The Cooperstown Central School District is looking for a director of student services.
It is a position created in response to the state’s new annual professional performance review, according to Superintendent C.J. Hebert.
“We have certainly known for a long time, since our early movements toward implementation of the APPR, that the requirements of that were going to be unattainable for our principals and administrative staff here,” Hebert said.
He said there are many more in depth teacher evaluations that need to be done.
“It is going to be far more time consuming for the administrator performing them than in the past,” Hebert said.
Some of the responsibilities, according to Hebert, are being responsible for electronic linkages between students and teachers that are required to be reported to the state and culminating growth scores for teachers and principals.
It will be a full-time 12-month position. According to the job description, the primary responsibility of the director of student services will be to provide educational leadership and oversight in the development and improvement of the district’s curriculum, instructional and assessment programs. The director of student services will work in tandem with building principals and serves as the district’s chief information officer. The director will also act as a liaison to community cultural resources.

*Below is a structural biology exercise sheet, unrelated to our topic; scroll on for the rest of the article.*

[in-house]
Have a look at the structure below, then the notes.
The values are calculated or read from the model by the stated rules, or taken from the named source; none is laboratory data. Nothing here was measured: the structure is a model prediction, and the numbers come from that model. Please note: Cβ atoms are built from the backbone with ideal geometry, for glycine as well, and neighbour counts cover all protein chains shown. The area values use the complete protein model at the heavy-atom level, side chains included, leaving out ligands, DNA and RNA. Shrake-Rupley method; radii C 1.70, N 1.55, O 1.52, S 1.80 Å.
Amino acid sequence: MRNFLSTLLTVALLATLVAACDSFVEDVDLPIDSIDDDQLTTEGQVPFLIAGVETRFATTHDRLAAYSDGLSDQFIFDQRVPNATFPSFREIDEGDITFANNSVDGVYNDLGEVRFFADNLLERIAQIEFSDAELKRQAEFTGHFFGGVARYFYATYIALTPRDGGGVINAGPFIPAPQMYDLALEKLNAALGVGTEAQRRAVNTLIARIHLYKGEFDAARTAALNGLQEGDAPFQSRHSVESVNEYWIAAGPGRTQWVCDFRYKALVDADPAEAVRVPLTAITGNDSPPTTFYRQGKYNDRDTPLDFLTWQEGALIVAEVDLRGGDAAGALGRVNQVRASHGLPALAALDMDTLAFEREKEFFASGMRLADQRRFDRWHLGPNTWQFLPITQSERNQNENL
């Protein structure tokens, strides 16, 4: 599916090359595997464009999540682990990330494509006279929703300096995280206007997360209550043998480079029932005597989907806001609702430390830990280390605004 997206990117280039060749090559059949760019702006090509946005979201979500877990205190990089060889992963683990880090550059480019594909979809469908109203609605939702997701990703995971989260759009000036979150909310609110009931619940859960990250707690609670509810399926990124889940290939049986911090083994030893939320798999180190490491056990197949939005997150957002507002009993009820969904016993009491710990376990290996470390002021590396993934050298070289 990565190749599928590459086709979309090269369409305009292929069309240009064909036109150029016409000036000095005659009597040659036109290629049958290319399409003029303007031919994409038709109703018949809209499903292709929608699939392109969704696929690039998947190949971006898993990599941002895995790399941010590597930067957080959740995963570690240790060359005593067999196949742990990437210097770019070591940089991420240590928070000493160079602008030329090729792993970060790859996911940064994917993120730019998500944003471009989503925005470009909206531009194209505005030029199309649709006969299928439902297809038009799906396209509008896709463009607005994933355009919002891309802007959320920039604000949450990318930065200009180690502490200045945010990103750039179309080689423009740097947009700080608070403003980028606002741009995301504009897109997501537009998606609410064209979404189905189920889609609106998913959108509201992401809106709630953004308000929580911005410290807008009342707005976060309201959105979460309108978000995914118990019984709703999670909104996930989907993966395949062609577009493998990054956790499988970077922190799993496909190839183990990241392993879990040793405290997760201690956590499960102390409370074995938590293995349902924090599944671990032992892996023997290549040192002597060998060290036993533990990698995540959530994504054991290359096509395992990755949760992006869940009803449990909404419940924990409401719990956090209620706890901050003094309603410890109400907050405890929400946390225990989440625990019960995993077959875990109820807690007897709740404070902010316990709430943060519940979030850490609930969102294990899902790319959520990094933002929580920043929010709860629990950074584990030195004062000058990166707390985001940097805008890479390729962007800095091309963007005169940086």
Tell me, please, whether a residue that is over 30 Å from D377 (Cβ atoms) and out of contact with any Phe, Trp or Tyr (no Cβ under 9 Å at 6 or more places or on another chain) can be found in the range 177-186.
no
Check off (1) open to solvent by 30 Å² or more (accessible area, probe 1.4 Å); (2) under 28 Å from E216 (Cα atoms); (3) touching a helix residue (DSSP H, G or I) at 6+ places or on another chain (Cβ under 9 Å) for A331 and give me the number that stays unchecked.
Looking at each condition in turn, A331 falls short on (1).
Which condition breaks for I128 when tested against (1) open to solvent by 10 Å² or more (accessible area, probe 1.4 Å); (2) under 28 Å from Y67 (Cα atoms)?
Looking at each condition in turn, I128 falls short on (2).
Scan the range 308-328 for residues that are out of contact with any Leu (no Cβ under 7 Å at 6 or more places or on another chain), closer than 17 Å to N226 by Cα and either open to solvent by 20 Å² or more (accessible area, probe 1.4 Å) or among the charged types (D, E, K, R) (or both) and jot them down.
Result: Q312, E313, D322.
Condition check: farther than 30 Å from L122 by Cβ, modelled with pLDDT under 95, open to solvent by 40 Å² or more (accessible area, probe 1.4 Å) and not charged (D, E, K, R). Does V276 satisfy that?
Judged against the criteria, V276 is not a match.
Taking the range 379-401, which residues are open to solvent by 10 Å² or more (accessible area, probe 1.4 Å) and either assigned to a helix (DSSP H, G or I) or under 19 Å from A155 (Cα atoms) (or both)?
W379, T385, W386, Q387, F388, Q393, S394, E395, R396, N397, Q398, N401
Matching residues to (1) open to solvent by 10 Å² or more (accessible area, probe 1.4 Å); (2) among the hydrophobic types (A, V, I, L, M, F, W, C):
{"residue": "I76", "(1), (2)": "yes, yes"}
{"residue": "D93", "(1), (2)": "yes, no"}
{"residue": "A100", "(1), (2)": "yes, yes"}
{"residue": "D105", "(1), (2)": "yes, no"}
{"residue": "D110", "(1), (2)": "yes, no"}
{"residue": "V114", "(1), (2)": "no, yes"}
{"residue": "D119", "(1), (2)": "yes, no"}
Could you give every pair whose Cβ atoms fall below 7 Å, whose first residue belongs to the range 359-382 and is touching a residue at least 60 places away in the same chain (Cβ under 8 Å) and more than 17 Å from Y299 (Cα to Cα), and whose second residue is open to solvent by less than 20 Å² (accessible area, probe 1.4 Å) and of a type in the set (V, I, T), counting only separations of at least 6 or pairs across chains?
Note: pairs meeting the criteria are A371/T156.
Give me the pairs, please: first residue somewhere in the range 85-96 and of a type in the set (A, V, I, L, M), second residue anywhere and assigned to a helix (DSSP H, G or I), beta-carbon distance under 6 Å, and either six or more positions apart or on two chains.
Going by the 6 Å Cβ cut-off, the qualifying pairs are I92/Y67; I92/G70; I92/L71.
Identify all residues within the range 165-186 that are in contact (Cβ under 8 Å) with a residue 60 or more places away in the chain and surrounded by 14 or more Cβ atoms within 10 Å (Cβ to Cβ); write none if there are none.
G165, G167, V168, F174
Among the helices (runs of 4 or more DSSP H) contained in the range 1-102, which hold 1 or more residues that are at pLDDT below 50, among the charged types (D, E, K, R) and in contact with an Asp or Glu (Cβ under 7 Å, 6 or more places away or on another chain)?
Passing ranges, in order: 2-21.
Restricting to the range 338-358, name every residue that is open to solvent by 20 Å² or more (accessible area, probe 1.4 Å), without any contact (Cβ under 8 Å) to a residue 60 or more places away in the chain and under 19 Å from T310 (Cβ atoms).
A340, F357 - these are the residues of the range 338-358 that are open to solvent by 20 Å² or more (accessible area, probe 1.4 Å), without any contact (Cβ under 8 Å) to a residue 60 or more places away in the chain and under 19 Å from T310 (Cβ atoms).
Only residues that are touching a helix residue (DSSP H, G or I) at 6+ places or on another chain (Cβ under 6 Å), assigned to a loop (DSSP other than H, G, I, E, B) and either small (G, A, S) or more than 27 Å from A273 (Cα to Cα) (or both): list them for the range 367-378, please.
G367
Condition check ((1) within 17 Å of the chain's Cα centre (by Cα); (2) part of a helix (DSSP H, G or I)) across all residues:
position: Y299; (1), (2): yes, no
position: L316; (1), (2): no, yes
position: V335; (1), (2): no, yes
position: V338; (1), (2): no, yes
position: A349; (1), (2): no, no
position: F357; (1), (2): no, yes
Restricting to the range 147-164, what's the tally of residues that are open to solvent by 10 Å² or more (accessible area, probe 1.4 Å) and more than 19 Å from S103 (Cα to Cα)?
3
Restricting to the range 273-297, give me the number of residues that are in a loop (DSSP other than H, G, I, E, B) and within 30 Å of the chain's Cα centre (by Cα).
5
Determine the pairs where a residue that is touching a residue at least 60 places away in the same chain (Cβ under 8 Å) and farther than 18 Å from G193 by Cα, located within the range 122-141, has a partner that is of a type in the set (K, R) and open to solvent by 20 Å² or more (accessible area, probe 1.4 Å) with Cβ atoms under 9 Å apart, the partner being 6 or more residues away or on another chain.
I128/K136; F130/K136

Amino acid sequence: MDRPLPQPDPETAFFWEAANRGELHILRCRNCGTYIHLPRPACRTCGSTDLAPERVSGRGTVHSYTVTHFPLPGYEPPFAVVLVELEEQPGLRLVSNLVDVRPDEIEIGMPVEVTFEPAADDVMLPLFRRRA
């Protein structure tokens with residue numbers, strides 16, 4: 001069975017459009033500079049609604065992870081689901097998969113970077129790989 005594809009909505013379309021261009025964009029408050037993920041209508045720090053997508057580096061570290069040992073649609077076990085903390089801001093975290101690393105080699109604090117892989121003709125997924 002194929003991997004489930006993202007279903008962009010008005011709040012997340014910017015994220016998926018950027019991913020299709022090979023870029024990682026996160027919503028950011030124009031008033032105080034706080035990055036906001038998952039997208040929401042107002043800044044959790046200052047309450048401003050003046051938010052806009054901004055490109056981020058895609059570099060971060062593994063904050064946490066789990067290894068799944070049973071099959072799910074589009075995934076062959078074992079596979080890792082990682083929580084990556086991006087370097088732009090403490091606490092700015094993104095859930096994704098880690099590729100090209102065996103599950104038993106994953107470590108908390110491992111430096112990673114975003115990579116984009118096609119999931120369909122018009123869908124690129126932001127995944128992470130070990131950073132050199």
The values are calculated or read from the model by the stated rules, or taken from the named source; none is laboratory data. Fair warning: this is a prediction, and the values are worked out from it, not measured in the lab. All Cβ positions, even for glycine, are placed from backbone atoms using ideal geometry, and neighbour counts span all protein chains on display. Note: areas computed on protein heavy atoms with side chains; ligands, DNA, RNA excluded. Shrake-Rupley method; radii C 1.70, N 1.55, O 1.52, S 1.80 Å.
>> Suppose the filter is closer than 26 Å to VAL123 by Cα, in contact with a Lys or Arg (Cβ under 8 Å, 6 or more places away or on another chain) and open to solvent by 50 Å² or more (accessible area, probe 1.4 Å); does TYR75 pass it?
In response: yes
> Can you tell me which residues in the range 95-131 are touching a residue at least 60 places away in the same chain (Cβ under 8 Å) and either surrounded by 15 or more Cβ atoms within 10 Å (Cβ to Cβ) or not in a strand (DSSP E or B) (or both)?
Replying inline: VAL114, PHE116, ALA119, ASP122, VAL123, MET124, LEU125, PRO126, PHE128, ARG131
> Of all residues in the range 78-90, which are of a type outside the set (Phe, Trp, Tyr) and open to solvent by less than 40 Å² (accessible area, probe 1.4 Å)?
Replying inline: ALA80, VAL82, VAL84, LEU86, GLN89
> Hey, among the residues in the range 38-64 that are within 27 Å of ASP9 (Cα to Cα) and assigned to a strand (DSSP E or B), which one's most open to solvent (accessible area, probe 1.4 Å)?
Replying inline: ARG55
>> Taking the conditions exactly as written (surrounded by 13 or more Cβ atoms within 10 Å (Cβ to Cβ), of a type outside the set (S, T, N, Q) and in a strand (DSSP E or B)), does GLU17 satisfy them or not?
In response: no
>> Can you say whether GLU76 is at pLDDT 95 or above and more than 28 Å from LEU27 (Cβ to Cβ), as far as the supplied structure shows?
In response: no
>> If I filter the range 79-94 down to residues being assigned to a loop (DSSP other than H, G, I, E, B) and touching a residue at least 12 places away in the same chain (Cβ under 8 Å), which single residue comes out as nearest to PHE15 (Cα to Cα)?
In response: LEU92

Although CCS is adding to its staff, there is a plan to mitigate costs. Hebert said the district will replace guidance counselor Jay Baldo. He has accepted employment at another school district, and with declining enrollment, Hebert said, the plan is to redistribute the student load among current staff.
Hebert said he does not know exactly how much it will affect the budget, but said it will have a significant impact.
“We certainly intend to maximize the potential of this individual,” Hebert said. “We intend that this individual will work with grade-level and department chairs for implementation of the Common Core state standards and for bolstering our curriculum development K-12 as well.”